Top 10 Game of Thrones Locations You've Never Seen Before
Trivia Top 10 Game of Thrones Locations You've Never Seen Before



Top 10 Game of Thrones Locations You've Never Seen Before

VOICE OVER: Rebecca Brayton WRITTEN BY: Garrett Alden
Asshai by the Shadow is just the beginning. For this list, we'll be going over the locales from “A Song of Ice and Fire” that have yet to appear on the “Game of Thrones” TV series.
Script written by Garrett Alden

Top 10 Game of Thrones Places You’ve Never Seen

Asshai by the Shadow is just the beginning. Welcome to and today we’ll be counting down our picks for the top 10 “Game of Thrones” places you’ve never seen.

For this list, we’ll be going over the locales from “A Song of Ice and Fire” that have yet to appear on the “Game of Thrones” TV series. There may be spoilers ahead for those less traveled.

Special thanks to the “Game of Thrones” concept artists behind “Unseen Westeros.” If you’d like to see more artwork from the “World of Ice & Fire” be sure to check out the “Unseen Westeros” artbook on KickStarter!

#10: Lorath

The Nine Free Cities are former colonies of Valyria. Although some of them have been seen on “Game of Thrones,” one of the more obscure and isolated is Lorath, located on an island on the north of Essos; east of Braavos. Home of both Jaqen H’ghar and Shae in the show, Lorath has an interesting history, as the islands first inhabitants built mysterious mazes there, as well as other locations across the world. The current nation was founded by followers of Boash, the Blind God, who professed that all things are equal, even going so far as to eschew personal pronouns. Although the cult is extinct, some still mimic their speech pattern.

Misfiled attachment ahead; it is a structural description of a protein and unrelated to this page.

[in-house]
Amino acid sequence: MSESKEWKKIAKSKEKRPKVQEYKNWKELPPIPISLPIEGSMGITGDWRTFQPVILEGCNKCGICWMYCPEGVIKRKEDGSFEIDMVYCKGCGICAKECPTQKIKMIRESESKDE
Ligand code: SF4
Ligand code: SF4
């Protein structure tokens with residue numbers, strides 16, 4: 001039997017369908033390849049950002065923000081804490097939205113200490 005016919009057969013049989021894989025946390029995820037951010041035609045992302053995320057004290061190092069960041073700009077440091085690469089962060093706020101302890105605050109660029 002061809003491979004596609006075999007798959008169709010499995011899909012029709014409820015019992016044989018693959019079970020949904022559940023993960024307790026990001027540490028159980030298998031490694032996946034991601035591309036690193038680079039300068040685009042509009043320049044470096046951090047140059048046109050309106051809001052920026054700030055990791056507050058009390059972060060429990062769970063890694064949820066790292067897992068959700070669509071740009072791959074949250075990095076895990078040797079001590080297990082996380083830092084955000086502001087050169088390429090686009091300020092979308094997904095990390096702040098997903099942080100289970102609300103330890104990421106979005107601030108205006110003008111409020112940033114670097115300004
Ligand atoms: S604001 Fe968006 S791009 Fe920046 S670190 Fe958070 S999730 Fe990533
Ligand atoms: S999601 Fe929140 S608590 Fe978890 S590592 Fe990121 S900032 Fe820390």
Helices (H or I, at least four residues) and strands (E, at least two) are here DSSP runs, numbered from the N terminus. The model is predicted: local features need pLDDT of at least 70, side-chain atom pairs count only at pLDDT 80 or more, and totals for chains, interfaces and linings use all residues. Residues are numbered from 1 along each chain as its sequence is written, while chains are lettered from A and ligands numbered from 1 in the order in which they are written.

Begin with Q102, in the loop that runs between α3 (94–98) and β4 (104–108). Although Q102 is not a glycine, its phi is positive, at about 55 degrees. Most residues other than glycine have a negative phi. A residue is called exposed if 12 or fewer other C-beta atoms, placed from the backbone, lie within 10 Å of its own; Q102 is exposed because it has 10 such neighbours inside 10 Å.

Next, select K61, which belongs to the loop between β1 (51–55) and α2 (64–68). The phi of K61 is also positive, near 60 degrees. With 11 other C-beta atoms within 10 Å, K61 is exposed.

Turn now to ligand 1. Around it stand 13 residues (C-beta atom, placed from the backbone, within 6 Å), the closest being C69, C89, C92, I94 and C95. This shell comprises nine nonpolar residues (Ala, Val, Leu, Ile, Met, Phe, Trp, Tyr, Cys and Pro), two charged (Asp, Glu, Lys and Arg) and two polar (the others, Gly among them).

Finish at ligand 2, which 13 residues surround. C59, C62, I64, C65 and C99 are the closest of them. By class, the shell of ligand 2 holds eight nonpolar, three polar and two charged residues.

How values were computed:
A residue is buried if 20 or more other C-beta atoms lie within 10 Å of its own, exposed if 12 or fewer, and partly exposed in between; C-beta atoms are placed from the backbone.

#9: Bleeding Sea

Essos is the massive supercontinent that lies east of Westeros and it stretches in that direction further than any available maps go. One of its stranger geographical features is the Bleeding Sea. Located west of a desert called the Grey Waste and east of the Plains of Jogos Nhai, the Bleeding Sea takes its name from its distinctive blood-red color. While its moniker may be foreboding, the inland sea’s hue is a byproduct of a vast number of plants that bloom within it.

#8: Kingdom of the Ifequevron

North of the Dothraki Grass Sea lies a huge forest, known as the Kingdom of the Ifequevron, or possibly also known as the Footprint. Named by the Dothraki after its inhabitants, whose name in their tongue means “wood walkers,” this vast stretch of trees is bigger than any in Westeros. The Ifequevron are gone from the land, either driven away or wiped out, though the Dothraki still shun the land; fearing their magical prowess. Because of the carved trees within and the magic of its residents, some maesters speculate the Ifequevron were related to the Children of the Forest of Westeros.

#7: Chroyane

A ruined port city on the mighty Rhoyne River in west Essos, Chroyane was once a golden and wealthy city, renowned for its festivals and possessing a powerful military. However, their wealth and victories in battle drew the attention of Valyria and Volantis, who annihilated Chroyane’s army and made its prince, Garin, watch as his city was butchered. Garin supposedly called on the goddess of the river to flood and strike down his foes. Since then, the region has been foggy and full of stone men and pirates. Although Tyrion passes Chroyane in the books, it is substituted with, and basically rebranded as, Valyria in the show.

#6: Naath